When a finance department operates more efficiently, everyone benefits. Customers and suppliers will be more satisfied with smoother payment processing, and businesses enjoy increased revenue growth and reduced costs. An efficient finance function takes less time and effort performing traditional non-revenue generating financial tasks and instead invests in identifying potential areas of growth or cost-savings by studying financial data.
Yet finding and acting on opportunities within the finance department to streamline work processes, incoming customer payments and smooth interactions with vendors and suppliers can be a challenge.
Here are some strategies and solutions to simplify and improve the finance processes in your own business.
Identify your finance function pain points
It sounds obvious, but before looking for solutions to finance challenges, identify the real pain points. Some common challenges facing these departments include:
- Complicated or legacy accounts receivables and payables tools and processes with steep learning curves that cause delays or inconsistencies
- Overflow of transactions and time-consuming or non-value manual tasks
- Ongoing cash flow issues, such as constantly struggling between getting quicker payment receipt and deferring payments to suppliers/vendors, while simultaneously dealing with insufficient cash to make payroll or other key expenses
- Poor integration between banking transactional, accounting and payment systems
- Partial view of business spend and suppliers
Meet your finance department's needs
Although the challenges facing finance departments may seem complicated, business finance professionals have clear priorities, which include:
- Continuous access to enough cash to meet required bill payments
- A method or tool to help negotiate longer/better supplier payment terms
- A simpler and faster way to accept payments
When these needs are met, customers are happier, financial processes become more efficient and interaction with vendors and suppliers improves. It's a win-win-win situation.
Leverage continuous access to cash with unsecured financing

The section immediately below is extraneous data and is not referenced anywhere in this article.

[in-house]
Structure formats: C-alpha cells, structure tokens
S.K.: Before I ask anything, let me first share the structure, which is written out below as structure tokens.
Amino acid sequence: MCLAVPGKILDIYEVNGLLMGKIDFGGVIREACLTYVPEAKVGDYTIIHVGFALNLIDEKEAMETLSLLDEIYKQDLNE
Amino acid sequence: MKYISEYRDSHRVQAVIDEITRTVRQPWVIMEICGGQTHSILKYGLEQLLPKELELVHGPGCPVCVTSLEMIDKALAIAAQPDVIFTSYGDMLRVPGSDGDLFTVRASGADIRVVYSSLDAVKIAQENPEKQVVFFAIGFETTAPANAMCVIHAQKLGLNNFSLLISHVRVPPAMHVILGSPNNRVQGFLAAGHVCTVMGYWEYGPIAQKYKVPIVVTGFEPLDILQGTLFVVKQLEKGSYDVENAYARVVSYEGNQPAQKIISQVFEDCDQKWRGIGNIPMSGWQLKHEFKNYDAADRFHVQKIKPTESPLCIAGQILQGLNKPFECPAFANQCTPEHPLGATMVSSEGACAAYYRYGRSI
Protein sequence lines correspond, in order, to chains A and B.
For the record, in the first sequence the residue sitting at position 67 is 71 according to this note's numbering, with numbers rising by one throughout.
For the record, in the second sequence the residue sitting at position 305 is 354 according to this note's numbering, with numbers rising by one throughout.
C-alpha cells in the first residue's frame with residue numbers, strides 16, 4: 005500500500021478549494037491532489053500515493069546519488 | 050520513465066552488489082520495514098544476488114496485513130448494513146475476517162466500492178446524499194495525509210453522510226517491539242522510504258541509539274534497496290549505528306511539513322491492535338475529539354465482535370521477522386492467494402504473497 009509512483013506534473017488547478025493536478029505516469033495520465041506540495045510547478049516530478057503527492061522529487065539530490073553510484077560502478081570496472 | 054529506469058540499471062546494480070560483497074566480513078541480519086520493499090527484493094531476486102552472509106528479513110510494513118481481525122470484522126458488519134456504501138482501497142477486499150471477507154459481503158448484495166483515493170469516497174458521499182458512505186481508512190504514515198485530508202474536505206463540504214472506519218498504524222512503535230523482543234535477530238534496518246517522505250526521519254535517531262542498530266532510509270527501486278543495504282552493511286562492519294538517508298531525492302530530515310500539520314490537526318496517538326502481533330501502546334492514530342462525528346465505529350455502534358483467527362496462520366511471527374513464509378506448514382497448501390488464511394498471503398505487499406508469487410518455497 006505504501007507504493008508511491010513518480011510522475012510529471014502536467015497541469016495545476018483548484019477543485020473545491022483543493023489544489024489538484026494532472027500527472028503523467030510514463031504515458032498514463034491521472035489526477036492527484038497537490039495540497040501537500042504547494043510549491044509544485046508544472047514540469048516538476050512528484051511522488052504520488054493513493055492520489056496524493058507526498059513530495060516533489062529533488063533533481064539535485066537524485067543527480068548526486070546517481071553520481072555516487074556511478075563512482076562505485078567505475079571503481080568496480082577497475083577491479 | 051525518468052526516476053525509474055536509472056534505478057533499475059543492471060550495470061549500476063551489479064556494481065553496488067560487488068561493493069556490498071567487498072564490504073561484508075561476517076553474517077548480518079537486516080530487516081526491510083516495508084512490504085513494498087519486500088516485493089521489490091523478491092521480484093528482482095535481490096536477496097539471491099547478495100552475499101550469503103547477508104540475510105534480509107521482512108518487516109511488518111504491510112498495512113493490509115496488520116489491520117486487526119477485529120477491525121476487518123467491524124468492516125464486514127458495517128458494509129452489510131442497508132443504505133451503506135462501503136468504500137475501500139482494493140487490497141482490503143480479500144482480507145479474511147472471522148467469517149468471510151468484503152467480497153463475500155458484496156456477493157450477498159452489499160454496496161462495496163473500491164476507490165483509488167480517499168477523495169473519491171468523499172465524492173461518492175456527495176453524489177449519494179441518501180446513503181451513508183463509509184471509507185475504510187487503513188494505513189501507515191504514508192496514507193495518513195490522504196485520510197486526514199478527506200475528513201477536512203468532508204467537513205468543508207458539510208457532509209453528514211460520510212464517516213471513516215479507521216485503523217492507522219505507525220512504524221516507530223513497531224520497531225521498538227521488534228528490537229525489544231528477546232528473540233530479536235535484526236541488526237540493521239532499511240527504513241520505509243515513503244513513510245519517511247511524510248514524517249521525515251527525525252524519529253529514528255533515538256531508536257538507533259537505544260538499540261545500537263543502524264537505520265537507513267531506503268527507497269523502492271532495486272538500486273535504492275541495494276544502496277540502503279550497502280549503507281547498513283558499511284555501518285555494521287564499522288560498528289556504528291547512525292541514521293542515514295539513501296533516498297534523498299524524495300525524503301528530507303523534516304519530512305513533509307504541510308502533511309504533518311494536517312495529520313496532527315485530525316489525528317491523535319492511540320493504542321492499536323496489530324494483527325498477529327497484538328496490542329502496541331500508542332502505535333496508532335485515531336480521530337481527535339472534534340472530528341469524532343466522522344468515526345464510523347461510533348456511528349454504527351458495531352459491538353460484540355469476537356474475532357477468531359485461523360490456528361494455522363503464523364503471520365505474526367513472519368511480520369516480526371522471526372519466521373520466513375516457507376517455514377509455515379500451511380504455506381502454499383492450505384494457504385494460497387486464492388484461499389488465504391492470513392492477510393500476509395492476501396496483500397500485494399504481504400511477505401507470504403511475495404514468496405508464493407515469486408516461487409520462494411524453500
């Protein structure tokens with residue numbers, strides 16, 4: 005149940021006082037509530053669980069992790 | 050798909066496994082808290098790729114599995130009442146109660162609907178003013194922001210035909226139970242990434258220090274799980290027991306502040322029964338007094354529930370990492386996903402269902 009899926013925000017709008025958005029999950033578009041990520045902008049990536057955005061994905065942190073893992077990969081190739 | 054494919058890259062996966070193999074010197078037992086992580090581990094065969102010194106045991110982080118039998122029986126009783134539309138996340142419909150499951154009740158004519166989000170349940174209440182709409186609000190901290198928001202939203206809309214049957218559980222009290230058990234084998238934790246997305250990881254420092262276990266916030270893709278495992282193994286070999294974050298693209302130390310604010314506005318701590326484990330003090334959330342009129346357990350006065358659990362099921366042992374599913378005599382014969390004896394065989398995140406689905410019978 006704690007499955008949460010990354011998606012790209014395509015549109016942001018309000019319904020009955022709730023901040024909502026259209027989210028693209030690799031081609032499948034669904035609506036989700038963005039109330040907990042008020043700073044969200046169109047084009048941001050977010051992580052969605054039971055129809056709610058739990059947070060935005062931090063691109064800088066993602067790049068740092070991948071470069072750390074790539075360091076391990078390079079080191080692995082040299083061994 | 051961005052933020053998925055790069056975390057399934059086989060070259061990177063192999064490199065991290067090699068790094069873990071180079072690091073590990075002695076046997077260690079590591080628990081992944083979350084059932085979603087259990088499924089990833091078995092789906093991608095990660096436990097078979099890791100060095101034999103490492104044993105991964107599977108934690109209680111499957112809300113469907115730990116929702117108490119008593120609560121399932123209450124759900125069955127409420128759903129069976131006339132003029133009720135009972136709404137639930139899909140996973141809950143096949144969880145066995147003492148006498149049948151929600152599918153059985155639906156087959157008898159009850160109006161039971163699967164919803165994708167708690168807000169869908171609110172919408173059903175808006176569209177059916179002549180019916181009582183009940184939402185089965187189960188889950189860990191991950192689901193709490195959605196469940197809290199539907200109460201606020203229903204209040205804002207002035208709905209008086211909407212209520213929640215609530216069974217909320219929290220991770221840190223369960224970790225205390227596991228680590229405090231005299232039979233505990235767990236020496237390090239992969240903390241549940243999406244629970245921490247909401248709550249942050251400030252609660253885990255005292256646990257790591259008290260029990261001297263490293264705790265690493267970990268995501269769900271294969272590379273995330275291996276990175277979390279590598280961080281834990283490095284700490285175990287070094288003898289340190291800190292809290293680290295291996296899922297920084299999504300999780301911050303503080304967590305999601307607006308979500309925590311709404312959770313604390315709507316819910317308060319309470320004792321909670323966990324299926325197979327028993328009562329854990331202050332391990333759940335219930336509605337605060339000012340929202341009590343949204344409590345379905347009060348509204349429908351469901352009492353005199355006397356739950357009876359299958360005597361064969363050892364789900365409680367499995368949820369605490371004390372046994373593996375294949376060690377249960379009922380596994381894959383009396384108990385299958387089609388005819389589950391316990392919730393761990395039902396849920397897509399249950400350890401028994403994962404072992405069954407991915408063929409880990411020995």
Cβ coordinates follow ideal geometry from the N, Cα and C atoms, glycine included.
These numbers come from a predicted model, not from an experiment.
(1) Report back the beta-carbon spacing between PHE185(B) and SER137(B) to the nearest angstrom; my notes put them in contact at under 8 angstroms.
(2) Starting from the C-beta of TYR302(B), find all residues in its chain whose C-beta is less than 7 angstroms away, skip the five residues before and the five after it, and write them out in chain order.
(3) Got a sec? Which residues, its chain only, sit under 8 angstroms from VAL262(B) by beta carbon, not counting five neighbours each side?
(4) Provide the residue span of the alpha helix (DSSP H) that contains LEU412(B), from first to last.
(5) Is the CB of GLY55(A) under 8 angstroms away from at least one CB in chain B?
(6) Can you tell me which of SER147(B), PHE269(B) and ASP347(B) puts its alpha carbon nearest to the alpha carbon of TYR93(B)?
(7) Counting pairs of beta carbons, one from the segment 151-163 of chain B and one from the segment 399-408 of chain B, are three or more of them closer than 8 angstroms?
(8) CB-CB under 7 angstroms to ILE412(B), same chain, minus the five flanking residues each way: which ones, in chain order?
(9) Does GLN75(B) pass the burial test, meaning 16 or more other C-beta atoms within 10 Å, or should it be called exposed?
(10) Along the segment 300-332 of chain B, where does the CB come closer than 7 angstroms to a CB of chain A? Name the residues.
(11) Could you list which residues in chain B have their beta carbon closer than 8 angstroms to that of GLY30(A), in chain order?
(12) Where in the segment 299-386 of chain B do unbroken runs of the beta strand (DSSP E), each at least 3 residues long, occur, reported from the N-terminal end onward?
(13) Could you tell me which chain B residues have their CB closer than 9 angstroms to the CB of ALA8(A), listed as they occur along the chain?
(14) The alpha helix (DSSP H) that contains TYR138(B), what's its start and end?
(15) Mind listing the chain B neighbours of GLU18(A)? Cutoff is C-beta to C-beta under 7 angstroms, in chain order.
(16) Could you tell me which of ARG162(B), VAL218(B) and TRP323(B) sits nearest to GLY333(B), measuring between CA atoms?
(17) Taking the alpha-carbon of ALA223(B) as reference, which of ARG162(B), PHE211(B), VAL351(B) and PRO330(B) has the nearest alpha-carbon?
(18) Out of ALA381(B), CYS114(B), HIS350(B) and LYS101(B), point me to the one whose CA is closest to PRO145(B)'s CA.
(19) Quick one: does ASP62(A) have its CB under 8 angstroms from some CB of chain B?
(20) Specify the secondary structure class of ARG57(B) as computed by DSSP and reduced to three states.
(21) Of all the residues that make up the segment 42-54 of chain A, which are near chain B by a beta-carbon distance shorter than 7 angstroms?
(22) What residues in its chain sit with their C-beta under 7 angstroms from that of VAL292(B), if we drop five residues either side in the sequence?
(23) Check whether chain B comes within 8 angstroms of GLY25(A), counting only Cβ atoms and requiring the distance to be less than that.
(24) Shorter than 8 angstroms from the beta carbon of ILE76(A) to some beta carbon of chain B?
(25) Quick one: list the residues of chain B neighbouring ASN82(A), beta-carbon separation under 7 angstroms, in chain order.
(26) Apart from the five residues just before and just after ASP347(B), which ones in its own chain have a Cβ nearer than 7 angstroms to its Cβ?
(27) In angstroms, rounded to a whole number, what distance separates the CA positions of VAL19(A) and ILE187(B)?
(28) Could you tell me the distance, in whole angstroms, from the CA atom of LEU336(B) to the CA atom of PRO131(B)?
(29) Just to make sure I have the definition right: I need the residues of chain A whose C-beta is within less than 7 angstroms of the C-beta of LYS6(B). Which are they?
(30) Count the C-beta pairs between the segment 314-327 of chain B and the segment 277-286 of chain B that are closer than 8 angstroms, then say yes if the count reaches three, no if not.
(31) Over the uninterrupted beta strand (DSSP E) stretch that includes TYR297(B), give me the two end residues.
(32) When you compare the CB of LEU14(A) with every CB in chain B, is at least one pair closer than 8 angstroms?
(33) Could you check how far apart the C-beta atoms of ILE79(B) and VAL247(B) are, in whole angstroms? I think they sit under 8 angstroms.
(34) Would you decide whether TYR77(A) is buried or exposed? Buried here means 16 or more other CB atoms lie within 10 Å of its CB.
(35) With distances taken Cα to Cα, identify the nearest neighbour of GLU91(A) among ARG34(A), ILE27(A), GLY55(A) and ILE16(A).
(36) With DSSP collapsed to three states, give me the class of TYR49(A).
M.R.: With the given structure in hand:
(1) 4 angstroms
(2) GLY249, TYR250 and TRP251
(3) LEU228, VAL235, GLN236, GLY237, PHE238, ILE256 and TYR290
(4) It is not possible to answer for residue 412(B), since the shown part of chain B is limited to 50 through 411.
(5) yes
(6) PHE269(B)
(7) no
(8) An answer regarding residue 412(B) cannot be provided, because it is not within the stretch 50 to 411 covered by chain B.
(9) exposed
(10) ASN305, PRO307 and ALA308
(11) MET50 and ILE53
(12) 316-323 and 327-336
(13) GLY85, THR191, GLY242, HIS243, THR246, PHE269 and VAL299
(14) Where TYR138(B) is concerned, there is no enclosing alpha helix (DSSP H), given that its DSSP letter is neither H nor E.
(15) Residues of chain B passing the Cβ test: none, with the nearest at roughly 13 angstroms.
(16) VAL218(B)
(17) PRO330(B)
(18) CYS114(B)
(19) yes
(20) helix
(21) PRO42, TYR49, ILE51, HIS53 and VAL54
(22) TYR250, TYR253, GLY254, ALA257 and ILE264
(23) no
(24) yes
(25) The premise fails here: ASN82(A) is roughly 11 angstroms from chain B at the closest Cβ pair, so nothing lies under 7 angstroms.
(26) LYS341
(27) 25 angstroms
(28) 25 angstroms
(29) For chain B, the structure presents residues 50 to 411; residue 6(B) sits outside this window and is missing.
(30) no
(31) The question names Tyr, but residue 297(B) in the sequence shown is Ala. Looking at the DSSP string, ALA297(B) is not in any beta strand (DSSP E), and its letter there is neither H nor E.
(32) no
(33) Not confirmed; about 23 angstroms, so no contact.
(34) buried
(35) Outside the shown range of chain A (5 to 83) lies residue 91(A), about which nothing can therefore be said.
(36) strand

Getting unsecured credit is an efficient and timely solution that complements more traditional means of financing and supports business cash flow challenges. Use a business credit card to pay bills when they're due. This alleviates the need to defer supplier/vendor payments in anticipation of customer payments or receivables and may enable early pay discounts and other cost efficiencies.
American Express Small Business Card holders, for instance, can leverage up to 55 days* of unsecured credit depending on the purchase date, payment date and billing cycle. Compare that to a typical 15 days when you write a cheque or pay by EFT.
You can also save time and effort by referring to credit card statement items when completing monthly bookkeeping and accounting tasks.
Accelerate your payments collections
In addition to paying your suppliers on a timely basis and enabling your cash flow with an American Express business card, accepting it for your American Express payments collections from customers means you can enable efficiencies across your supply chain. You'll get paid faster, and you'll save time, money and effort in several other ways. These include:
- Flexibility on your credit card fees by negotiating related costs with your suppliers and creating synergies
- Reduced costs and processing time associated with cheques, ETFs and wire transfers
- Reduced costs of written off accounts (American Express takes care of collections), credit checks and issuing invoices
- An opportunity to expand your customer base to those businesses and individuals who prefer to pay with their selected credit card
- Key customer insights through data spend analytics of electronic American Express transactions
- These convenient and simple methods of accepting and issuing payments can make for more streamlined finance departments and more satisfied customers.
* As a charge card, the balance must always be paid in full each month in which no interest charges will apply. The interest free grace period is 28, 29, 30 or 31 days from the closing date of the current statement to the closing date of the next statement depending on the number of days in the calendar month in which the closing date occurs. The number of interest free days varies based on a variety of factors, including when charges are posted to your account, whether your account is in good standing, and the closing date of your statement
This article is intended for general informational purposes only and does not constitute legal advice or an opinion on any issue. It should not be regarded as comprehensive or a substitute for professional advice.